Growing Sweet Sensimilla Bud

There's nothing quite like squeezing a plump of sinsemilla bud and getting a whiff of the sweet smell.

Growing Sweet Sensimilla Bud

Up in the misty canyons of the Sierra Nevada, the word is sinsemilla. The pot that’s hand-tended and carefully watched through the growing season is the finest domestic smoke you can find, if you can find it. Strewn all over California are small homesteads growing this weed without seeds, stems or smuggling problems. The quality of this pot is unmistakably due to the careful tending of the grower. During the growing season the farmers are prepared for the worst, especially rip-offs, and many weeks are spent sleeping in the field of highs with a weapon and a paranoid outlook.

The idea is to plant when the sun is high, and after the last frost of the season. In each plot go 5-10 excellent seeds —Thai, Hawaiian, Afghani. When they start to sprout and grow, the best looking female plants will be allowed to continue to grow, while all others are cut off at a point 6 inches above the ground. This way, no roots are pulled, ripping other settled roots out of the ground.

All Males Must Go

All Males Must Go

 In Press of Berkeley’s book, Sinsemilla Marijuana Flowers, by Richardson and Woods, there are photos of early and distinguishing characteristics of male and female sprouts. Careful pruning and topping should be done early in the plant's life, according to growth and the plant's heartiness. Watering and fertilizing with nitrogen early in the season are the first steps. In the last few months, the plants are not watered, the drying out stimulating resin-generation.

When the plant blooms, it is essential to cease pruning. Liquinox Bloom plant food, high in phosphorous and potash, should be bought. This makes the female flowers bigger and better. As long as the plants are not crowded, they will flourish. Protection from rodents, dogs and country animals should be provided by 10 to 12-foot high chicken-wire fencing. Those deer love to chew pot leaves. Even tarring the bottom foot of the plant's stalk, if it’s a very healthy plant, could prove to be beneficial in protecting against mice and other pests.

Throughout the growing season, you must relate to your plants by talking to them and telling them that their mission is to grow, and then to be cut down and absorbed by you and close ones. This way, the plant is your ally and you and the plant become one at the end.

Harvest is the most exciting period, when you realize this shit is all yours. Most farmers will chop the stalk 6 inches from the ground and take the whole plant to dry upside down in a well-ventilated room high off the ground, with reflected, not direct, light. A slow drying process is the best, and the longer the airing, the better. The product gets more potent after the water has had ample time to evaporate. The best sinsemilla is then hand-manicured. All leaves and stems are pruned away, and nothing is left but the giant flowers that are urging you to smoke them.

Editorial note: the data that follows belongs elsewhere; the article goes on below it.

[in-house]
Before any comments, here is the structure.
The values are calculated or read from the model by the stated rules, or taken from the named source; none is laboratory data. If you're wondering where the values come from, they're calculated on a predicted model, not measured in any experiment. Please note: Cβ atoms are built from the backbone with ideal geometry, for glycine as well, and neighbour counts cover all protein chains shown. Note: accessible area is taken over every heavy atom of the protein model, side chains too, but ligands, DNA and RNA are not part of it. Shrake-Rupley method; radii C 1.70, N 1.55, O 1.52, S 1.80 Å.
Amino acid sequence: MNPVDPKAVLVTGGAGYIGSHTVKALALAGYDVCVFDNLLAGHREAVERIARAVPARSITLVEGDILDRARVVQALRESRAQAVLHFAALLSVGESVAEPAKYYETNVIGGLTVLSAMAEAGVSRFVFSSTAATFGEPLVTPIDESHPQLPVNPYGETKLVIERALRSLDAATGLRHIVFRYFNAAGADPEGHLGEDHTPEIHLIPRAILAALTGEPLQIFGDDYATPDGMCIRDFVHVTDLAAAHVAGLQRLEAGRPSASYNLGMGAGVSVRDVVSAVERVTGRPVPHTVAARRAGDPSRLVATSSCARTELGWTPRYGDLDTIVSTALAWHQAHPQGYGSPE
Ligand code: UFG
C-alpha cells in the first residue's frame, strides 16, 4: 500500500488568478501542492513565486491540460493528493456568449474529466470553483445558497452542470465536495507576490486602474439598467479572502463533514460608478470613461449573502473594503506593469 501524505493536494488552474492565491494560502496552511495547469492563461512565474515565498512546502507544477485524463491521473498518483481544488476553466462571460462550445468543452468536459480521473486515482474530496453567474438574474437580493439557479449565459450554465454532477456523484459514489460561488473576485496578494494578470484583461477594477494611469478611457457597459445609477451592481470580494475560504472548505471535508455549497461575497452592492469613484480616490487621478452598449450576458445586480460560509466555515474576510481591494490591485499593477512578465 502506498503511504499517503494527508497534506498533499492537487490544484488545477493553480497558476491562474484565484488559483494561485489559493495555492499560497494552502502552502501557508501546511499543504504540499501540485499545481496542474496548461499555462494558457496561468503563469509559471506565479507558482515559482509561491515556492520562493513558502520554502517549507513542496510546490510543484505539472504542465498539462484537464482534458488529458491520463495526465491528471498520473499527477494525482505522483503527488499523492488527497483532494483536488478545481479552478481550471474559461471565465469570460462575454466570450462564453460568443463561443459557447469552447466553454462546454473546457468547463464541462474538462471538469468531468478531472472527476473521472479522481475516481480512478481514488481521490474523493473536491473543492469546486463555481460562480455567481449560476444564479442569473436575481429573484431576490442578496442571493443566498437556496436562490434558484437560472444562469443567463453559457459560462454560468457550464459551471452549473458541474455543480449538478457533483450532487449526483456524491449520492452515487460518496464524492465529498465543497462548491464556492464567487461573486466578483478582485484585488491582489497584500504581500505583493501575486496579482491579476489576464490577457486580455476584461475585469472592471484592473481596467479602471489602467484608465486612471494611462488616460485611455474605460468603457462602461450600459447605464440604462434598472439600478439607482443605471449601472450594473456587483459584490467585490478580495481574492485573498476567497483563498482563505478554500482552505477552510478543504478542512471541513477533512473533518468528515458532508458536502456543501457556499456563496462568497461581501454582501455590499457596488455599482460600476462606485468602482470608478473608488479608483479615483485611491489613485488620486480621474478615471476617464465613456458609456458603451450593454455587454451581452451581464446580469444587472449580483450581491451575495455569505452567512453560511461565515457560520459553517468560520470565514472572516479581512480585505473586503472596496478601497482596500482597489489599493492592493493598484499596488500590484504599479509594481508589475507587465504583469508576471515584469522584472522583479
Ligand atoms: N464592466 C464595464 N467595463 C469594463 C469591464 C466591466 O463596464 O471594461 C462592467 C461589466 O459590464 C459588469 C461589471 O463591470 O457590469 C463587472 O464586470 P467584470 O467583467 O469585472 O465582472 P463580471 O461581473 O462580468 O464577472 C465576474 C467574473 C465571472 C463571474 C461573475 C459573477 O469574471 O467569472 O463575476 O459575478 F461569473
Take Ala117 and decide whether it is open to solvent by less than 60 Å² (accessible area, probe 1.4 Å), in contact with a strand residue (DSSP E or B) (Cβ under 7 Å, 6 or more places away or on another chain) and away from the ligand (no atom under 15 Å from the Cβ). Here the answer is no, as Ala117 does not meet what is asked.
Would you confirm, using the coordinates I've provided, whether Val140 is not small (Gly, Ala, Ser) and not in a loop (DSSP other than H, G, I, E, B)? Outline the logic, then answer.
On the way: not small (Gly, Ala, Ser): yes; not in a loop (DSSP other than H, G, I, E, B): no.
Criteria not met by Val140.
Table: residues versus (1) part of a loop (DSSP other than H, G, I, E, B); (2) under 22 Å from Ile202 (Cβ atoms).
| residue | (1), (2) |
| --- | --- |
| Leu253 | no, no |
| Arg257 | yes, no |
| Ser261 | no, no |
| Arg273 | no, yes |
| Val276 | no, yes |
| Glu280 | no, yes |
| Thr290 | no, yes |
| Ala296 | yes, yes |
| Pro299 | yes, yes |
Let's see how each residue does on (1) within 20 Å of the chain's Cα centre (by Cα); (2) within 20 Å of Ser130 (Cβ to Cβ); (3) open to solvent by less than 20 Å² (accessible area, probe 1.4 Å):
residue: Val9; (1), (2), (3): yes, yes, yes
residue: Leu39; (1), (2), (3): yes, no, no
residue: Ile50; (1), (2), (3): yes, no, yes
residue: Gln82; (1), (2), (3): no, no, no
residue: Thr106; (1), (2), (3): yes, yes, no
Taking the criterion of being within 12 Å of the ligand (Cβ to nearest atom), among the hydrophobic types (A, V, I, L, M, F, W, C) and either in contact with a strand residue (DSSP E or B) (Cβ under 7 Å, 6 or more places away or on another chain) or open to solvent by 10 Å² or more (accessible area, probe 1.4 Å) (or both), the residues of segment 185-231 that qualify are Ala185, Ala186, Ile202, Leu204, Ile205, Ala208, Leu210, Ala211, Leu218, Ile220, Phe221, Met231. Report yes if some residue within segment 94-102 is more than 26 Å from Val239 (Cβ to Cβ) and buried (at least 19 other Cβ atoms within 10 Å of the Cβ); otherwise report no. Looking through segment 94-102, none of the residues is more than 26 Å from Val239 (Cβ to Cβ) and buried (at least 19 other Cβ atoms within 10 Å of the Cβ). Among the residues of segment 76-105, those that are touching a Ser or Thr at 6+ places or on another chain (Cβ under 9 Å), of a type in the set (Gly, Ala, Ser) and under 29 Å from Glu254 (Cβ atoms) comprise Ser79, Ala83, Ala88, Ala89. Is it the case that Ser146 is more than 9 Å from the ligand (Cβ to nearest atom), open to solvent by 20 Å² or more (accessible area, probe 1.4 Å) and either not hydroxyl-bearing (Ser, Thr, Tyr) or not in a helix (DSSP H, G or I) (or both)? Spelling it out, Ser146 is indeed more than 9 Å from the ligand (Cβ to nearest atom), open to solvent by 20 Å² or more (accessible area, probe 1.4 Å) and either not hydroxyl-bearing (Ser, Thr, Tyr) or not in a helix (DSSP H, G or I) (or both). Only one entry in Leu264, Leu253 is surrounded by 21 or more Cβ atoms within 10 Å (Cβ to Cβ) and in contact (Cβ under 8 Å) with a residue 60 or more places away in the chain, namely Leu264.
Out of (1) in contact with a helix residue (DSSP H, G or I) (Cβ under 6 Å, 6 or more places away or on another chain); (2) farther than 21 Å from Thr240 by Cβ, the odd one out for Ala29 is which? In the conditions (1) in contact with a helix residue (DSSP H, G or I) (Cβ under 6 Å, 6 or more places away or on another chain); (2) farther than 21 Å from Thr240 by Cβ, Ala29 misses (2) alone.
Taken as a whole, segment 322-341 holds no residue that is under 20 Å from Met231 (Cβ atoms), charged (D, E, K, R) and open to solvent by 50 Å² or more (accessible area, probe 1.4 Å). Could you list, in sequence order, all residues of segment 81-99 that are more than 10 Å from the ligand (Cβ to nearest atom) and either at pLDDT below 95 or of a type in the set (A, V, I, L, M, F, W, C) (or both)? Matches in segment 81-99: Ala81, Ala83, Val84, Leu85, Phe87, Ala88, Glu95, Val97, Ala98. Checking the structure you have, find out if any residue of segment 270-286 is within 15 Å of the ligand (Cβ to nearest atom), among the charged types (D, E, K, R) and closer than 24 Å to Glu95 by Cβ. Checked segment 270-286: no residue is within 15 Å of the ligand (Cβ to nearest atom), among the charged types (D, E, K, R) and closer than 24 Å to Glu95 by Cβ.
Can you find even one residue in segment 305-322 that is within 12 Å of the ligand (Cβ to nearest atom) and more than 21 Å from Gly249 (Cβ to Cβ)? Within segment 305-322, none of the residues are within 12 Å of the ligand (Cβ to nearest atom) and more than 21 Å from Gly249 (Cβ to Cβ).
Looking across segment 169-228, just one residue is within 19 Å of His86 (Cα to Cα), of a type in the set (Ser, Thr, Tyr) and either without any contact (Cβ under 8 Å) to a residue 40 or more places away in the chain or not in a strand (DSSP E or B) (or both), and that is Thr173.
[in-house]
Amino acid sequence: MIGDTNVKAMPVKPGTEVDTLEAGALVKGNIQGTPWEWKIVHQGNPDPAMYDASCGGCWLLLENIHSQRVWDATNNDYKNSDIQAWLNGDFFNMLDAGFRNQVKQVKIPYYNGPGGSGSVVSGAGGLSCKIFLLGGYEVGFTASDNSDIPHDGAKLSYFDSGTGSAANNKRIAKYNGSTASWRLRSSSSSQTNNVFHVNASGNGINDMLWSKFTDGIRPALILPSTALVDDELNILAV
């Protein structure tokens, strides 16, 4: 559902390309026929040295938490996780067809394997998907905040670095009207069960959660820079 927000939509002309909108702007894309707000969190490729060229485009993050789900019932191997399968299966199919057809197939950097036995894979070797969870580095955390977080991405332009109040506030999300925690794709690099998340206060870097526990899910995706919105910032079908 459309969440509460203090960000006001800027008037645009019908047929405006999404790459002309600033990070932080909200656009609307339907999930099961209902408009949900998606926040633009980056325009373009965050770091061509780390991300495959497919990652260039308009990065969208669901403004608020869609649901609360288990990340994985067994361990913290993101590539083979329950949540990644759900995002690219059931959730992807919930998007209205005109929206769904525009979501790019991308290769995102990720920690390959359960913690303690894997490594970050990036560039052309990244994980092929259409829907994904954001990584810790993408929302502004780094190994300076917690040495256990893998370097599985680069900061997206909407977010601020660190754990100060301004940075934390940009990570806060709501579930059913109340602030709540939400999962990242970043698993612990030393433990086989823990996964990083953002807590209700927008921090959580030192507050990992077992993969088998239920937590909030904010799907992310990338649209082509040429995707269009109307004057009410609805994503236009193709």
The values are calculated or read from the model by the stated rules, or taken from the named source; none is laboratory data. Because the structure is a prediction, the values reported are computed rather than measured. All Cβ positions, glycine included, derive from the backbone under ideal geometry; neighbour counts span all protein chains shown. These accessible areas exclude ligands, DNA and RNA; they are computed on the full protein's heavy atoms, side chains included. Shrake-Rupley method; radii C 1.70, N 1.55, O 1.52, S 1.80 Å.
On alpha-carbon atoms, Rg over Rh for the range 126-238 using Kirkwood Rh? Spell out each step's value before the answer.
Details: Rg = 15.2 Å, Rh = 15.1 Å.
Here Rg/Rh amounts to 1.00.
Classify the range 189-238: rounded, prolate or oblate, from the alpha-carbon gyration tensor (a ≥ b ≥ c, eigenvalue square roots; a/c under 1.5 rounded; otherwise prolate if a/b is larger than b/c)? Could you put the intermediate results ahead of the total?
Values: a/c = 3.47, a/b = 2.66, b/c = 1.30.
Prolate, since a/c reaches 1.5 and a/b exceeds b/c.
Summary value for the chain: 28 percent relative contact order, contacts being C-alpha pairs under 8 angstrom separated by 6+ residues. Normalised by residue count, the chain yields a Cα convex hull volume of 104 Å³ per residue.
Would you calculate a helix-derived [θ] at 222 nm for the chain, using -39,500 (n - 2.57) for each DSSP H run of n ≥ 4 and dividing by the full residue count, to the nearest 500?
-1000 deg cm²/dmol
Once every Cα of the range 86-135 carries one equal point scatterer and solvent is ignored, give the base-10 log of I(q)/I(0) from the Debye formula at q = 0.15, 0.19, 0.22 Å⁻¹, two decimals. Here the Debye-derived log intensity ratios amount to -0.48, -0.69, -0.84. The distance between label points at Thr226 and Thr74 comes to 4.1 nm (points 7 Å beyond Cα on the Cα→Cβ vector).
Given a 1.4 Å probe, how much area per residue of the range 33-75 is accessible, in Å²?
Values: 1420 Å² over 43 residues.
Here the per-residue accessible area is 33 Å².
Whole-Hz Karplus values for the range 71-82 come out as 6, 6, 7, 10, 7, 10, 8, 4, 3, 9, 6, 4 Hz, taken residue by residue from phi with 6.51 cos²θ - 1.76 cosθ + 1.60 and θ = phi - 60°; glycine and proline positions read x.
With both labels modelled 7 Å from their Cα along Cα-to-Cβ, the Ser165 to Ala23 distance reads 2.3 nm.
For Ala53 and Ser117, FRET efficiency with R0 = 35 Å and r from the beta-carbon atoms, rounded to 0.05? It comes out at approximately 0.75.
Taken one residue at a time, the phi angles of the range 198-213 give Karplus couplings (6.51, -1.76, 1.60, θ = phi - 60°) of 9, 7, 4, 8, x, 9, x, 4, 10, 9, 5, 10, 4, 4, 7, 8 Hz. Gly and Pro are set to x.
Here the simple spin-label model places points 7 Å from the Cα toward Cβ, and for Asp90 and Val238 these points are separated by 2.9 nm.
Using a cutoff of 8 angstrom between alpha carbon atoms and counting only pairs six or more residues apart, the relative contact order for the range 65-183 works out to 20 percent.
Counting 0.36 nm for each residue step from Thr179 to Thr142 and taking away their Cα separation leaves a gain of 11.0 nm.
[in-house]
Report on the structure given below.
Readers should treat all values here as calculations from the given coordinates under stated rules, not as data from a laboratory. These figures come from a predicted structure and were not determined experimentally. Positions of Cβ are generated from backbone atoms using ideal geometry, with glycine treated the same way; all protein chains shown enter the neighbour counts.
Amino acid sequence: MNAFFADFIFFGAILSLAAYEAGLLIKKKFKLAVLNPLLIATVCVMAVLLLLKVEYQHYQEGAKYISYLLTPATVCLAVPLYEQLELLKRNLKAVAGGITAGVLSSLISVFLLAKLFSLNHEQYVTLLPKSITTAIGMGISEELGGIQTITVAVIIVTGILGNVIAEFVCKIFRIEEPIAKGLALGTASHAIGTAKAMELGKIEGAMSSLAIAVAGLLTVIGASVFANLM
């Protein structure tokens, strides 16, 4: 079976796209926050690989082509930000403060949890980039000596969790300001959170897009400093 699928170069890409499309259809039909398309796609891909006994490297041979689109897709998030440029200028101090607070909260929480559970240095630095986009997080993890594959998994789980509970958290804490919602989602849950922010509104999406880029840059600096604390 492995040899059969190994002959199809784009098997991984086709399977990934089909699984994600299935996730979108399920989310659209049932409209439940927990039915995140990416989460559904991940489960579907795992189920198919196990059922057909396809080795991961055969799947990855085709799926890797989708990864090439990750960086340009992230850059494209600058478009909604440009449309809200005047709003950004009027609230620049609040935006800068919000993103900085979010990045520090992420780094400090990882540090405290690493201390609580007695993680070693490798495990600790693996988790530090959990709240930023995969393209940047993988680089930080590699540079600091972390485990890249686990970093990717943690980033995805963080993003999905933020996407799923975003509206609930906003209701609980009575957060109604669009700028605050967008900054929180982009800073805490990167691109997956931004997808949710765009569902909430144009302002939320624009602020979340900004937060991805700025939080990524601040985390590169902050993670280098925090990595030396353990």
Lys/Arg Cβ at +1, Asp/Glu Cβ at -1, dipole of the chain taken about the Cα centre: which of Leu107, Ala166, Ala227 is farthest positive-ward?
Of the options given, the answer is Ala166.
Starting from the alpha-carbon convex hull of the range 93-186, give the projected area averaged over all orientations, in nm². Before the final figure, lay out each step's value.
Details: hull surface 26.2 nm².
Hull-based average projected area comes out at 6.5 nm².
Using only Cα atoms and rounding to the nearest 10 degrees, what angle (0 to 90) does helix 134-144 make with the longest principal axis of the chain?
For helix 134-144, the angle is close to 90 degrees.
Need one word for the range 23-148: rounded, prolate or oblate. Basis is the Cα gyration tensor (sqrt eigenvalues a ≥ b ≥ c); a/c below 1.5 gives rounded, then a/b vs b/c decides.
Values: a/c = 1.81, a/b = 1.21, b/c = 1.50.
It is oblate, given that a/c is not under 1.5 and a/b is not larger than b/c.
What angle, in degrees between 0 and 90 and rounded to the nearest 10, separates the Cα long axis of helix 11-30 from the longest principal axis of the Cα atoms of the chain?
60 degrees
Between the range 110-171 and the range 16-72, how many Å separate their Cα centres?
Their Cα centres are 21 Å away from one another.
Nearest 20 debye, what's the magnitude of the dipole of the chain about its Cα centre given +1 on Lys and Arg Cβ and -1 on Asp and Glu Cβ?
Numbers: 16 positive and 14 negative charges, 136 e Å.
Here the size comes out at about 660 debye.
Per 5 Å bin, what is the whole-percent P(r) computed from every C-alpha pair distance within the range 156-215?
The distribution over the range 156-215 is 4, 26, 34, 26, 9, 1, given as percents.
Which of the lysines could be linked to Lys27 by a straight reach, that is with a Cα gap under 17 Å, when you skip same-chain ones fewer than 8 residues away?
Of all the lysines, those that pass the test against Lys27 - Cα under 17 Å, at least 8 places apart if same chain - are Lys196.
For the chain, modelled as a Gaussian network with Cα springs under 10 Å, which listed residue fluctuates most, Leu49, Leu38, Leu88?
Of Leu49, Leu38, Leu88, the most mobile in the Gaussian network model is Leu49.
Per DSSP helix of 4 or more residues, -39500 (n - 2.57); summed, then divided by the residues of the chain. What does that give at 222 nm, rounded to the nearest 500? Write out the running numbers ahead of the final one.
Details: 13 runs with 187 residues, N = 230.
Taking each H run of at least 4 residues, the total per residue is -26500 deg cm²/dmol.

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Storage of this prime weed should be in airtight zip-lock bags or in glass jars. These are then placed in dark places that are cool or very cold. Frozen cannabis retains its potency for a long time. Never powder up fresh pot until you are ready to smoke it. THC will evaporate from pot that is cleaned long before it is smoked.

All of this exacting care and protection will be well worth it when you squeeze a plump sinsemilla bud and whiff the tangy smell released thereby, and then fire up the one and only hit needed of this American Wonder Weed. Recently, some 20 something millennial types walked up to me and asked, “Do you want to buy some Sinsemillion?” I laughed and looked at them in the eye, and correctly pronounced the word, sinsemilla. They could have cared less, they were asking me if I had heard of the new Sinsemillion Kush Delivery app.

Kansas Gold

The state of Kansas is is one of the lowest ranked tourist states in the country. Literally 49th out of 50 in tourism on some scales, but who cares. Perhaps the Chamber of Commerce does, but to an increasing new breed of Kansas farmers the sentiment is–when it comes to growing sinsemilla, who needs tourists? Though virtually at the bottom of most anyone’s list of favorite places to visit, Kansas is often at the top in quality homegrown marijuana.